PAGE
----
Nobody’s Perfect: When Things Don’t Work Out- Guest Blog

11 Feb

Great stuff!! Visit Group’s SimplyGroupMinistry for more awesome thoughts and ideas!

There are times when you’ll have to “fire” a volunteer. Even when you do everything right, nobody’s perfect. Not you, and not the people you recruit. There’s a right way to do this and a wrong way — actually, lots of wrong ways. But if you’ve done your work up front, you’ll also have natural and logical places to part company with a volunteer:

The term of service. If you’ve agreed that the person will serve for six months, then at the end of that time you’re not obligated to renew the agreement. Celebrate and thank that person for his or her time of service, then let that person go serve elsewhere.

The job description. Have a regular review/coaching schedule with your small-group leader. It could be a monthly touch-base, or some other event where you talk through issues or concerns. If your leader doesn’t improve, you’ve laid the groundwork to let him or her out of the commitment.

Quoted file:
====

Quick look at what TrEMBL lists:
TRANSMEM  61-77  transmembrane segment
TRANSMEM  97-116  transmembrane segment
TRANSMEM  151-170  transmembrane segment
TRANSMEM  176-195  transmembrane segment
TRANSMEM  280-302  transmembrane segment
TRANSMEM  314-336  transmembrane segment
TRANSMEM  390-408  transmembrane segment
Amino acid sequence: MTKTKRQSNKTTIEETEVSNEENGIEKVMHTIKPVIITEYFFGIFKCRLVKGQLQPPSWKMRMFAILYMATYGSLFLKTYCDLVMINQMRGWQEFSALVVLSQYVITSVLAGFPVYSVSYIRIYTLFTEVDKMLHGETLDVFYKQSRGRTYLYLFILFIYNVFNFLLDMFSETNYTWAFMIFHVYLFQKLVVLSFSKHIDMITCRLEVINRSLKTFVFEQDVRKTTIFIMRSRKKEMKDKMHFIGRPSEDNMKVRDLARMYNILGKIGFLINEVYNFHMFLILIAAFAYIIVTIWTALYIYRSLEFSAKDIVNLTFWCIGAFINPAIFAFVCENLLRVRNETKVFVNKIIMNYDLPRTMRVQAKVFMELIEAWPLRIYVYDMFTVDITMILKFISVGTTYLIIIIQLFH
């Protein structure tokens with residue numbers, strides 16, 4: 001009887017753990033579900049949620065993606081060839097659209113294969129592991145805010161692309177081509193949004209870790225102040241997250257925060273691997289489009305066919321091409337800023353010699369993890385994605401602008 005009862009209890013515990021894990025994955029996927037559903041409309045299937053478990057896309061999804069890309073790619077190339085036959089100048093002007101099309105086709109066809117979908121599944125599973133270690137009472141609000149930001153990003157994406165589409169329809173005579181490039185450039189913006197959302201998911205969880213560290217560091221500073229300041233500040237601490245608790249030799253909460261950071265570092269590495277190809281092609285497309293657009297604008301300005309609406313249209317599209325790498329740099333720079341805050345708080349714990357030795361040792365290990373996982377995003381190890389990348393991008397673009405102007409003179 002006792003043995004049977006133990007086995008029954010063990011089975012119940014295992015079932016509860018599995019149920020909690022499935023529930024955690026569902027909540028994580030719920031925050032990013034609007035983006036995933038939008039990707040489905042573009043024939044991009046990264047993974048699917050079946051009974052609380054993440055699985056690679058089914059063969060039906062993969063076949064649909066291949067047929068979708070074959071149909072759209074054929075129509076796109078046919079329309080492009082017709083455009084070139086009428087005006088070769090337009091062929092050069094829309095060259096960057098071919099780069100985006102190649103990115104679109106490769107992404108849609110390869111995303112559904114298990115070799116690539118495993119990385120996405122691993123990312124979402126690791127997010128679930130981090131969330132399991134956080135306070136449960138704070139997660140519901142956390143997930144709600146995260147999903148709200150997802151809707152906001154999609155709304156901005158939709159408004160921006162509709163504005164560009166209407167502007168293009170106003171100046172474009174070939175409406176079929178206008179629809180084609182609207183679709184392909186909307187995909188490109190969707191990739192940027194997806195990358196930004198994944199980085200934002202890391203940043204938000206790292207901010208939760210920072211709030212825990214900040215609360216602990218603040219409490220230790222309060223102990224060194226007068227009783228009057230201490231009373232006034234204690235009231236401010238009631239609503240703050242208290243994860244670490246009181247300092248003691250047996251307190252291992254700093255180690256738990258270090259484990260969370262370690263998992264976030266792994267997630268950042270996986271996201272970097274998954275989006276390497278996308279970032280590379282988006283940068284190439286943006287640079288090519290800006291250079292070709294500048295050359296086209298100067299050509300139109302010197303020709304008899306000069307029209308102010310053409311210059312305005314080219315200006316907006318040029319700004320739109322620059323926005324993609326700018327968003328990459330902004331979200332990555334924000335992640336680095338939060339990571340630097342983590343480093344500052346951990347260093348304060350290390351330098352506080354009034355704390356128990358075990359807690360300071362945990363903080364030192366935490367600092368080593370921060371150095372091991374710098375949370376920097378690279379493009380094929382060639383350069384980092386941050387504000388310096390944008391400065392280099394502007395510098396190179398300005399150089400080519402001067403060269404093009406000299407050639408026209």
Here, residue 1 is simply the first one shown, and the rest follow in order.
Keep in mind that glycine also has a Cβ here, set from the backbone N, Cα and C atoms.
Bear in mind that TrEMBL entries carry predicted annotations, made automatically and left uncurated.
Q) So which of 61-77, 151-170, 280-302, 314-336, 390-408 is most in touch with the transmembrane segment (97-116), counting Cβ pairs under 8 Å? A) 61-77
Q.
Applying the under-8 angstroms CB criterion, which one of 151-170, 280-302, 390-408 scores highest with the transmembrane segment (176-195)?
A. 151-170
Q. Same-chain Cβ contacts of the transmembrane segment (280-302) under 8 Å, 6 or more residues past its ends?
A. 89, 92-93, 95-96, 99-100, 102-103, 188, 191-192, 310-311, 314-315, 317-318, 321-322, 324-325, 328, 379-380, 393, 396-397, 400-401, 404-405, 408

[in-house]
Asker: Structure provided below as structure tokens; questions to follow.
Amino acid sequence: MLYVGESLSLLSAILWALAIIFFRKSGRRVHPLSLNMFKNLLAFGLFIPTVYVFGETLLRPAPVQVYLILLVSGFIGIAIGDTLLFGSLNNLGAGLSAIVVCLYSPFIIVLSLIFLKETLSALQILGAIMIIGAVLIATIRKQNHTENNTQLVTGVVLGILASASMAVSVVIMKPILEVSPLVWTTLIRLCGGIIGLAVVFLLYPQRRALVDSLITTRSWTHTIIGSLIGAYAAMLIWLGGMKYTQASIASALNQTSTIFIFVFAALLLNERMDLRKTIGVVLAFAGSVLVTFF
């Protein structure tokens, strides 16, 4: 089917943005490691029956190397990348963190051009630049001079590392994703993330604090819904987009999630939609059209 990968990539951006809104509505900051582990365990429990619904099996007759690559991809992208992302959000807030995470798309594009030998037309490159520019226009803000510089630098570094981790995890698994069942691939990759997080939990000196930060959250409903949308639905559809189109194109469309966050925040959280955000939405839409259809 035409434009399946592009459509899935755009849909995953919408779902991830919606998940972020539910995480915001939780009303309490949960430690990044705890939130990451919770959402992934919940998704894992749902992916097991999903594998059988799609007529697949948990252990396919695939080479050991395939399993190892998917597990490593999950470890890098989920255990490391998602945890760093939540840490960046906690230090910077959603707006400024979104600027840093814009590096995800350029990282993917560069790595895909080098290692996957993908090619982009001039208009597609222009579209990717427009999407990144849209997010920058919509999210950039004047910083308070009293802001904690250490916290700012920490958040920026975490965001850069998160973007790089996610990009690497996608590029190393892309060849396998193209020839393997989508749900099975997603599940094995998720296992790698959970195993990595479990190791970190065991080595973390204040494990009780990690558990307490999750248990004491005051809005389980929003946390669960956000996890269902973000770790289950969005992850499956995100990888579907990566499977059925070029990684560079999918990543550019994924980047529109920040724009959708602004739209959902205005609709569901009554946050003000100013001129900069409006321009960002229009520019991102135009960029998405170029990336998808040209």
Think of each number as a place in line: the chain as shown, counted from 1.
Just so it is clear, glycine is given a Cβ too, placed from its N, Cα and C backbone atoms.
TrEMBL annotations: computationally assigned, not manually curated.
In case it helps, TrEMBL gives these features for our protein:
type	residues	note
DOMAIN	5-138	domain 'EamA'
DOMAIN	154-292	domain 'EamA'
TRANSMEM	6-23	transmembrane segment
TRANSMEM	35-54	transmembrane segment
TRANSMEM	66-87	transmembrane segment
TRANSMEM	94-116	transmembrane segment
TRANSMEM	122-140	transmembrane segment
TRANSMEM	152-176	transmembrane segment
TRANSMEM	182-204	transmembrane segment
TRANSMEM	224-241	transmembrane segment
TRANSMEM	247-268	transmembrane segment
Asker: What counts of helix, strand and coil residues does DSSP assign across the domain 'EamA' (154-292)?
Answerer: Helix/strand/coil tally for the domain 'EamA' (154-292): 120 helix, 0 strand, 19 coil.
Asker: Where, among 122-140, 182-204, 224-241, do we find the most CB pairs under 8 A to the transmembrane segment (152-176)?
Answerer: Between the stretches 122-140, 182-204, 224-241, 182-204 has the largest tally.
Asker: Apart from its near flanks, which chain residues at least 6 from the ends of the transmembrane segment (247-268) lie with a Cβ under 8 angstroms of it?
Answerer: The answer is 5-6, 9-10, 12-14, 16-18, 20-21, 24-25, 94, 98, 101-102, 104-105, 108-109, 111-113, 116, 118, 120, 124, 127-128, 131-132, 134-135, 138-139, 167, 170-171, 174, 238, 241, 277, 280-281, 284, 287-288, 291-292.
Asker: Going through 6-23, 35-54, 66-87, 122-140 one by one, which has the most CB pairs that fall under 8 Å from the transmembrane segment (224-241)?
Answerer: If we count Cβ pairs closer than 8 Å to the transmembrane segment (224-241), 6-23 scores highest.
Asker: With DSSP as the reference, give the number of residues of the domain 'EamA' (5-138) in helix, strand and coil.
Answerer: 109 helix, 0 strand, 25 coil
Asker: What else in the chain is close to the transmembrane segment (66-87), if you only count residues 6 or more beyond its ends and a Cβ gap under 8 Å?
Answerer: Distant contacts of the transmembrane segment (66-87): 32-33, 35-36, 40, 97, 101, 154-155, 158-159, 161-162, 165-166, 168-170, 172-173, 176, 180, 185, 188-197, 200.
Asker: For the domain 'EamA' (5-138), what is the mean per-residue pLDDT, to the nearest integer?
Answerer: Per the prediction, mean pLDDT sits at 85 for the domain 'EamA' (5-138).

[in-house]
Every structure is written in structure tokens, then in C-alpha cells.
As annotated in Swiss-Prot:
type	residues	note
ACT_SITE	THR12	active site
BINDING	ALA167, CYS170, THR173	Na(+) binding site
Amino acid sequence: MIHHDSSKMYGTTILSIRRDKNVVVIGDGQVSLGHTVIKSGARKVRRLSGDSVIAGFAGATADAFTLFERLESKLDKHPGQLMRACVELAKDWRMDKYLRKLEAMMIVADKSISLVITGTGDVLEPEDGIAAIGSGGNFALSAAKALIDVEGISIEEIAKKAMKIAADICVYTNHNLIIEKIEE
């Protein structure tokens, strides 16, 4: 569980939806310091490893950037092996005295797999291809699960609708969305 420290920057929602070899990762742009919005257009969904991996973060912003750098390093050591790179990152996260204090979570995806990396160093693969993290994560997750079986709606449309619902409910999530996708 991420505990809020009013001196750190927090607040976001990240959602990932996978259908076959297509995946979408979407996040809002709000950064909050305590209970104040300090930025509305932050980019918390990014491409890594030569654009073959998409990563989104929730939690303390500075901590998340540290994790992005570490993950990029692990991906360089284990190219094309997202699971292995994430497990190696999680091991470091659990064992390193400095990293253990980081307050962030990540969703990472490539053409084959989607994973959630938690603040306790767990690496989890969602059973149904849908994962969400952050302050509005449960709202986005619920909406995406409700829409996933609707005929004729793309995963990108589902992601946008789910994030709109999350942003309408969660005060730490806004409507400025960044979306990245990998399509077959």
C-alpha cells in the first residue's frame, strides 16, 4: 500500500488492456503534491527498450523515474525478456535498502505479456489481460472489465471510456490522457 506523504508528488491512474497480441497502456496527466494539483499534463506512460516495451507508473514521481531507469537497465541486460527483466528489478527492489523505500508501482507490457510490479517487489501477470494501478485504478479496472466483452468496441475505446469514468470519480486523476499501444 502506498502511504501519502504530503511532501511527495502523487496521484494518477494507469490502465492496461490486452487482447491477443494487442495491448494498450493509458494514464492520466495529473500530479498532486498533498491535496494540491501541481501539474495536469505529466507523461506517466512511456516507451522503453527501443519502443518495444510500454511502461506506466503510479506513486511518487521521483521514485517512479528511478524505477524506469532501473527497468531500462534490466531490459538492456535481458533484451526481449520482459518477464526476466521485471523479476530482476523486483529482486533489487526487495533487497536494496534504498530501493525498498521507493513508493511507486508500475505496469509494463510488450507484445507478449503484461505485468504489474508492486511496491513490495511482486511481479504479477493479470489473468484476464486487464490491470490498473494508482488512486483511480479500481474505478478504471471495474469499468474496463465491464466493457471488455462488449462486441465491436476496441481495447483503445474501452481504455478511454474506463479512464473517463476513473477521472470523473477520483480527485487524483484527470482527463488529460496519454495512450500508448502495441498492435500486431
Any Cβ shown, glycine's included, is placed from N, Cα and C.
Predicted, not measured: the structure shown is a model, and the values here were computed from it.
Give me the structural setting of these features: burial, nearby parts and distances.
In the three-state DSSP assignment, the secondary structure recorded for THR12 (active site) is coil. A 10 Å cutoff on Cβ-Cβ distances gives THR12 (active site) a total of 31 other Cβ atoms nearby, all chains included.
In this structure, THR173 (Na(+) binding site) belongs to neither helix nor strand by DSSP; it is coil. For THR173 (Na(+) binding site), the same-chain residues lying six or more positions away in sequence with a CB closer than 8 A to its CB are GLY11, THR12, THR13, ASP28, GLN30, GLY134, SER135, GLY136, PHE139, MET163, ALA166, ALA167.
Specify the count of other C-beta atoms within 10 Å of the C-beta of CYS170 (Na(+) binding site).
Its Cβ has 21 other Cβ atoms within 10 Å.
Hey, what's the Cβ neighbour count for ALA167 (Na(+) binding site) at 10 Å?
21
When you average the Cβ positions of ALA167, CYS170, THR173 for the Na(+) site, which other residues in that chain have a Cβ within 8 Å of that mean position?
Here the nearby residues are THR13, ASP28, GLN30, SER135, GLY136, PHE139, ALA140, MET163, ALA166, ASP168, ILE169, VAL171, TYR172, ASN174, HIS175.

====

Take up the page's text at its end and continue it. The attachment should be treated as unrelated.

If you haven’t built in your escape hatches up front, there are still ways to let a leader go, in a sensitive and tactful manner:

Allow the opportunity for self-removal. Volunteers who are struggling usually already know it. Set aside some time to meet and ask a simple question, “How’s it going?” Then sit back and listen as they share their struggle and pain. Be gracious and understanding as you offer the opportunity to quit.

When all else fails… When you have a volunteer who’s doing an awful job while thinking he or she’s doing a wonderful job, you have a challenge on your hands. It falls to you to help that person see that he or she’s not doing the job agreed upon.

And when that fails… It’s a rare occurrence, but you may have to confront a volunteer with the truth that he or she isn’t doing the job and, for the sake of the overall ministry, you’re removing him or her. Even at this level – especially at this level, in fact – do everything with respect. Schedule a face-to-face appointment. Never fire a leader over the phone, by e-mail or text message. Express your care for that person, allow him or her to work through the emotions, and talk about alternatives.

Being uncomfortable isn’t a reason to avoid doing the right thing. As a leader, it’s key that you protect the integrity of the ministry before the feelings of any individual. Never threaten the health of your ministry simply to avoid conflict with an ineffective volunteer. Leaders make hard choices and take timely action.


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